However there is a difference between using something as an economic tool, and such tools becoming the very basis of our economy. That has been where we have been going wrong. Very wrong.

Dan Boyle is a former Green Party TD and Senator. Follow Dan on Twitter: @sendboyle

Rollingnews

 

52 thoughts on “A Tax on Our Sovereignty

  1. Clampers Outside!

    Clear, calm and no hyperbole….. where’s the “we” are all outraged claims… where’s the Willy Wonka analogies that make no sense…. where’s the claim that our politicians should be “outraged”… why aren’t you being suckered in to make comments on aul Noonan’s trademark quips….. comparisons of the tax laws to Shannon military stopovers…. where’s the emotion Dan, you’re not giving us enough sincere scattergun passion… your lack of outrage is outrageous!

    Thanks, keep it up

    1. MoyestWithExcitement

      “where’s the emotion Dan,”

      Here;
      “The European Commission, having no competence over our national sovereignty in tax setting or its collection, has used competition policy as something of a Trojan Horse to make its displeasure known.”

      And here;
      “The questions that remain to argued are to whom such taxes should be paid and on what basis?”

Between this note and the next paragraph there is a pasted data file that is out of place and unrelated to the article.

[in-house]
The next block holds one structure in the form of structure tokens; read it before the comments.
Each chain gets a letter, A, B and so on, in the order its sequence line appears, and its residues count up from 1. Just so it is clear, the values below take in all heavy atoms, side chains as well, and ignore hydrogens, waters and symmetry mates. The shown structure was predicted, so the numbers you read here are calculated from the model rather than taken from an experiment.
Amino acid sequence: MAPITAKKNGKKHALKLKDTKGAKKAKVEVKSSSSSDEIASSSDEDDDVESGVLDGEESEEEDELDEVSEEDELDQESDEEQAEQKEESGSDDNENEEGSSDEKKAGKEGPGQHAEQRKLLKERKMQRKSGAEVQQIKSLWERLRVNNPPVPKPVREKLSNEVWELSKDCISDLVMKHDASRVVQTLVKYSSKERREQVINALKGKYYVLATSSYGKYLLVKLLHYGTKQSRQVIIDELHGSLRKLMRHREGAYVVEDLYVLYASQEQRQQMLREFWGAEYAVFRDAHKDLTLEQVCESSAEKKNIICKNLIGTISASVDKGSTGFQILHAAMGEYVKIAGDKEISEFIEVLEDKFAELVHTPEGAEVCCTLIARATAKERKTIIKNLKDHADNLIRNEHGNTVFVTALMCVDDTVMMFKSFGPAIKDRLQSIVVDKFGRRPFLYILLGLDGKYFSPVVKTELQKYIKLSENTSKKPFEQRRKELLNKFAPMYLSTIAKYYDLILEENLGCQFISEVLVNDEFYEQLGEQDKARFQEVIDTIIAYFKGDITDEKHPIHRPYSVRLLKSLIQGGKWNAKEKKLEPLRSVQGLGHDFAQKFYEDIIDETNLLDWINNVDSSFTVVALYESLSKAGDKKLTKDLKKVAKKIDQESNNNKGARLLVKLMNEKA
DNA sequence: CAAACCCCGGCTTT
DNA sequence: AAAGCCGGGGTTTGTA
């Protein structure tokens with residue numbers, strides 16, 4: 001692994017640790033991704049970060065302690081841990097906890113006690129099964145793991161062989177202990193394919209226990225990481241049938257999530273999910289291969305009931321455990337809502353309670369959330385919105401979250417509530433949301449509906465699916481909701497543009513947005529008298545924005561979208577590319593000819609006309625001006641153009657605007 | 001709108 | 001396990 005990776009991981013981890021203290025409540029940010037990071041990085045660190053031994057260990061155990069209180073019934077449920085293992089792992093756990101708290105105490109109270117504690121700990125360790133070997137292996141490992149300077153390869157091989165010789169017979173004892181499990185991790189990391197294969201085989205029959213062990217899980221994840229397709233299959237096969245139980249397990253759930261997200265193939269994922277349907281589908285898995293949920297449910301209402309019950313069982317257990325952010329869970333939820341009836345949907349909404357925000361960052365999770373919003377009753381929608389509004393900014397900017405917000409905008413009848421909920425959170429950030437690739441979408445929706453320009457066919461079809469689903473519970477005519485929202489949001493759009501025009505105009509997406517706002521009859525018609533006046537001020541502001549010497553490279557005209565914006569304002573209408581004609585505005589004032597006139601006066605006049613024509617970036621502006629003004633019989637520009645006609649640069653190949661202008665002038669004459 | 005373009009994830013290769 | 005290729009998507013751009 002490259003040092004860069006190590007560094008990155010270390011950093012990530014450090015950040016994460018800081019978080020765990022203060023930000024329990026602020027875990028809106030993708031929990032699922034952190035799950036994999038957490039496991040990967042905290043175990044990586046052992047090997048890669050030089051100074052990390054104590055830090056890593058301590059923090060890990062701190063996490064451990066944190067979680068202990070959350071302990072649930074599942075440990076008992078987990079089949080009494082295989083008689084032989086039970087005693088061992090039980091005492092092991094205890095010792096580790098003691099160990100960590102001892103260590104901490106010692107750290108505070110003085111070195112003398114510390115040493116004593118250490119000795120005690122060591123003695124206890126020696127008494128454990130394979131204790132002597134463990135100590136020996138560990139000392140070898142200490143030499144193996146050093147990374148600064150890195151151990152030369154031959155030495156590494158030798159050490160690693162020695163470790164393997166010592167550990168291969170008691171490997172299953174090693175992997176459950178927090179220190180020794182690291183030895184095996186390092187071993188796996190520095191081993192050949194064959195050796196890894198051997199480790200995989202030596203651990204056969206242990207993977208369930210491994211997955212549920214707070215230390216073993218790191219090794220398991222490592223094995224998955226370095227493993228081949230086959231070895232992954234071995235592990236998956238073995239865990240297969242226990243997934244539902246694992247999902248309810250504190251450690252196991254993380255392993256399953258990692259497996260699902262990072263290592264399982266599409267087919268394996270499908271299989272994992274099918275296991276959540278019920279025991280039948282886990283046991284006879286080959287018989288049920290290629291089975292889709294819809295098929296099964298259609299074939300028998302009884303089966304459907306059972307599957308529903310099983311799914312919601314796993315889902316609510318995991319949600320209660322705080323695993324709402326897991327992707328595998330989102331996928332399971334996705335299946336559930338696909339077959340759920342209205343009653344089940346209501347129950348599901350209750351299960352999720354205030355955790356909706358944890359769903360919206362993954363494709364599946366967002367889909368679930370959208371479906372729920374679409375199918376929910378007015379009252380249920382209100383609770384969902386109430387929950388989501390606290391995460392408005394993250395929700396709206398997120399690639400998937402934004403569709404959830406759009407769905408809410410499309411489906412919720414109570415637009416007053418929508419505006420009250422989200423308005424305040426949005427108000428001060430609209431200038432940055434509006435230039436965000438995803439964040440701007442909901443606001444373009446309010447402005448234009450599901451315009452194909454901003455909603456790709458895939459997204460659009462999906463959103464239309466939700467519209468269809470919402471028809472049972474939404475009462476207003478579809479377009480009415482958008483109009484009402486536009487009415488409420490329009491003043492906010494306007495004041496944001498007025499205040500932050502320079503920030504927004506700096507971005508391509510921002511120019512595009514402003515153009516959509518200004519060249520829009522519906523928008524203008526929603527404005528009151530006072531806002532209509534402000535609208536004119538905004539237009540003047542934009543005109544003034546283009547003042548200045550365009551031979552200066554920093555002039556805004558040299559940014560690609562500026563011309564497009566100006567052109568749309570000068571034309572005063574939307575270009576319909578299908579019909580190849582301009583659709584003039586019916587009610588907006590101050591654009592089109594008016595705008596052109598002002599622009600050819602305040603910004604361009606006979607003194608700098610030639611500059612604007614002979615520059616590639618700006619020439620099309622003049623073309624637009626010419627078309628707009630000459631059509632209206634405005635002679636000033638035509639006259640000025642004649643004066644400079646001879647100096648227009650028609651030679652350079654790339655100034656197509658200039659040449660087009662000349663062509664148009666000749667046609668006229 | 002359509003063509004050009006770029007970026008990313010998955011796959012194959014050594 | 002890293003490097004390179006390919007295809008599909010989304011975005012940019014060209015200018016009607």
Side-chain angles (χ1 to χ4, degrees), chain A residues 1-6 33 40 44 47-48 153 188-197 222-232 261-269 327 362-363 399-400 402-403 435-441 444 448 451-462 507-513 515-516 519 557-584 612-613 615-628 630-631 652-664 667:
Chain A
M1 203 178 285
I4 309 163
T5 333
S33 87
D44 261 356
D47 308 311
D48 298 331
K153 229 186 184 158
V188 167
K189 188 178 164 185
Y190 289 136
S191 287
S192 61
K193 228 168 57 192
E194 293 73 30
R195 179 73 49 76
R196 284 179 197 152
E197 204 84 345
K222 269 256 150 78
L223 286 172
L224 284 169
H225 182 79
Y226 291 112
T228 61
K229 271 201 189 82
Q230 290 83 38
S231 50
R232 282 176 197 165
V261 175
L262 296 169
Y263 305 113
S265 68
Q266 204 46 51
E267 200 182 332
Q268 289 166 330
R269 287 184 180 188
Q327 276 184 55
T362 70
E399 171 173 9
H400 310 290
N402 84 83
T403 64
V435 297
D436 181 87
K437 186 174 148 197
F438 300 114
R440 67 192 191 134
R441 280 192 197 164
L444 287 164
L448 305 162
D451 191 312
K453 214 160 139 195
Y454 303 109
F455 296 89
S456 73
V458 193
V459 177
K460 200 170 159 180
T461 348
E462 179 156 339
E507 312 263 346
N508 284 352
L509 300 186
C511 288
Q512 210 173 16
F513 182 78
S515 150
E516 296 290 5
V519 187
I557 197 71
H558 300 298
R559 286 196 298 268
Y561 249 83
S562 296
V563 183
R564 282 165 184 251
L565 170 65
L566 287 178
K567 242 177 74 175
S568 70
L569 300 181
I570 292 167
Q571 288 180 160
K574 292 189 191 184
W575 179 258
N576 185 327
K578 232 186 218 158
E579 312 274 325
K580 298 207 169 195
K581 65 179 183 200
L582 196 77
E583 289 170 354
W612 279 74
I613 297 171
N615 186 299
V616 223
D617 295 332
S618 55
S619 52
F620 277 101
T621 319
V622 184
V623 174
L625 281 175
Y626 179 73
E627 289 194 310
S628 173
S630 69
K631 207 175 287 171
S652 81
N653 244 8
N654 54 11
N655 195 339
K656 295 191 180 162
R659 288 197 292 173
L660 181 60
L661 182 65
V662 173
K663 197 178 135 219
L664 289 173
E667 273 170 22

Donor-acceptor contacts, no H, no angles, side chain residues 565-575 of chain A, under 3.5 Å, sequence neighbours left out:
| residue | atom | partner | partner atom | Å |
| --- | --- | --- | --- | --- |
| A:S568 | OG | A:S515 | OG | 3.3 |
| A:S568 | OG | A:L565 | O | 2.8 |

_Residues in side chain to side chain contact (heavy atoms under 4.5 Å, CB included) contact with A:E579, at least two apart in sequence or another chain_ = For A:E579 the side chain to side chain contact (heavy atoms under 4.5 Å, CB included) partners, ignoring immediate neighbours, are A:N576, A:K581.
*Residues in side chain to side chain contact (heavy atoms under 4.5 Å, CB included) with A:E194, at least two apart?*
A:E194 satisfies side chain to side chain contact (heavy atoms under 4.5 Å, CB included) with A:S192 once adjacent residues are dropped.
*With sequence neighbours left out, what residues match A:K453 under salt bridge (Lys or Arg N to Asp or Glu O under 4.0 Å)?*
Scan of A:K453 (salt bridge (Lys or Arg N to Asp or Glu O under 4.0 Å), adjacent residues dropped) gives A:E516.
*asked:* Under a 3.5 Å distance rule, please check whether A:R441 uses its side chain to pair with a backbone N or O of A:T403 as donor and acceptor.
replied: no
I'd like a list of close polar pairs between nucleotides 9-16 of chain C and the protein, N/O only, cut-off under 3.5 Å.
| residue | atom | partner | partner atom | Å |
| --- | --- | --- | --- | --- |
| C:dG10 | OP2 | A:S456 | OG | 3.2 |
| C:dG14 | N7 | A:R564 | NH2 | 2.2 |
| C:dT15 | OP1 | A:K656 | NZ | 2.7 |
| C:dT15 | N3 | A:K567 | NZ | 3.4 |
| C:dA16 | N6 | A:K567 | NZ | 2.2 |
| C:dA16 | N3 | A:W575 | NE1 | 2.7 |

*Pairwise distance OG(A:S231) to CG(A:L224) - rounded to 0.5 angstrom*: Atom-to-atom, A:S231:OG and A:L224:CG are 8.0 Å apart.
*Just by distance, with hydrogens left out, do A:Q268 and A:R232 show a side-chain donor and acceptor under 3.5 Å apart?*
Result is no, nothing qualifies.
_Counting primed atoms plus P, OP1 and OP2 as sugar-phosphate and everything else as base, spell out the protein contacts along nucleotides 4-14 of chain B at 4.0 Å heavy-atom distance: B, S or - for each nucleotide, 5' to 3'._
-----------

2. fluffybiscuits

    “The European Commission, having no competence over our national sovereignty in tax setting or its collection, has used competition policy as something of a Trojan Horse to make its displeasure known.”

    Says the politico whose party crawled into bed with FF in the good times and took that cheap European money…

    I’d be more in favour of using the money to solve the housing crisis, we get to kill it off in one swoop…

    1. Kieran NYC

      5.5 billion is currently *being* invested in solving the housing problem.

      What you fail to grasp is that if we invest 13 or 130 billion it takes TIME.

  3. 15 cent

    our low rate of 12.5% is one thing. We’ve all more or less made our peace with that. BUT.. Apple didn’t pay 12.5% .. When it came to paying their taxes, and they submitted 0.05% .. why did no one pull them up on it? can only be because of a sweetheart deal, and i have to listen to Noonan lying about no deal being made.

    1. Kieran NYC

      Because we didn’t regard a lot of their income as our job/responsibility/right to tax, so we didn’t.

      The EC disagreed. So we’re now tax collectors for Europe.

      They would have paid the 12.5% on what we thought was ours to tax.

  4. nellyb

    “However there is a difference between using something as an economic tool, and such tools becoming the very basis of our economy.” – very apt, thank you Dan

    1. RiderOnTheStorm

      “We can evade reality, but we cannot evade the consequences of evading reality.” — Ayn Rand

  5. fluffybiscuits

    Broadsheet will be for me always a staple in my internet diet but between

    Dan Boyle
    LJG
    That former FF fella that gets a column
    Some of the cartoons which go above my head (and are closed to comment!)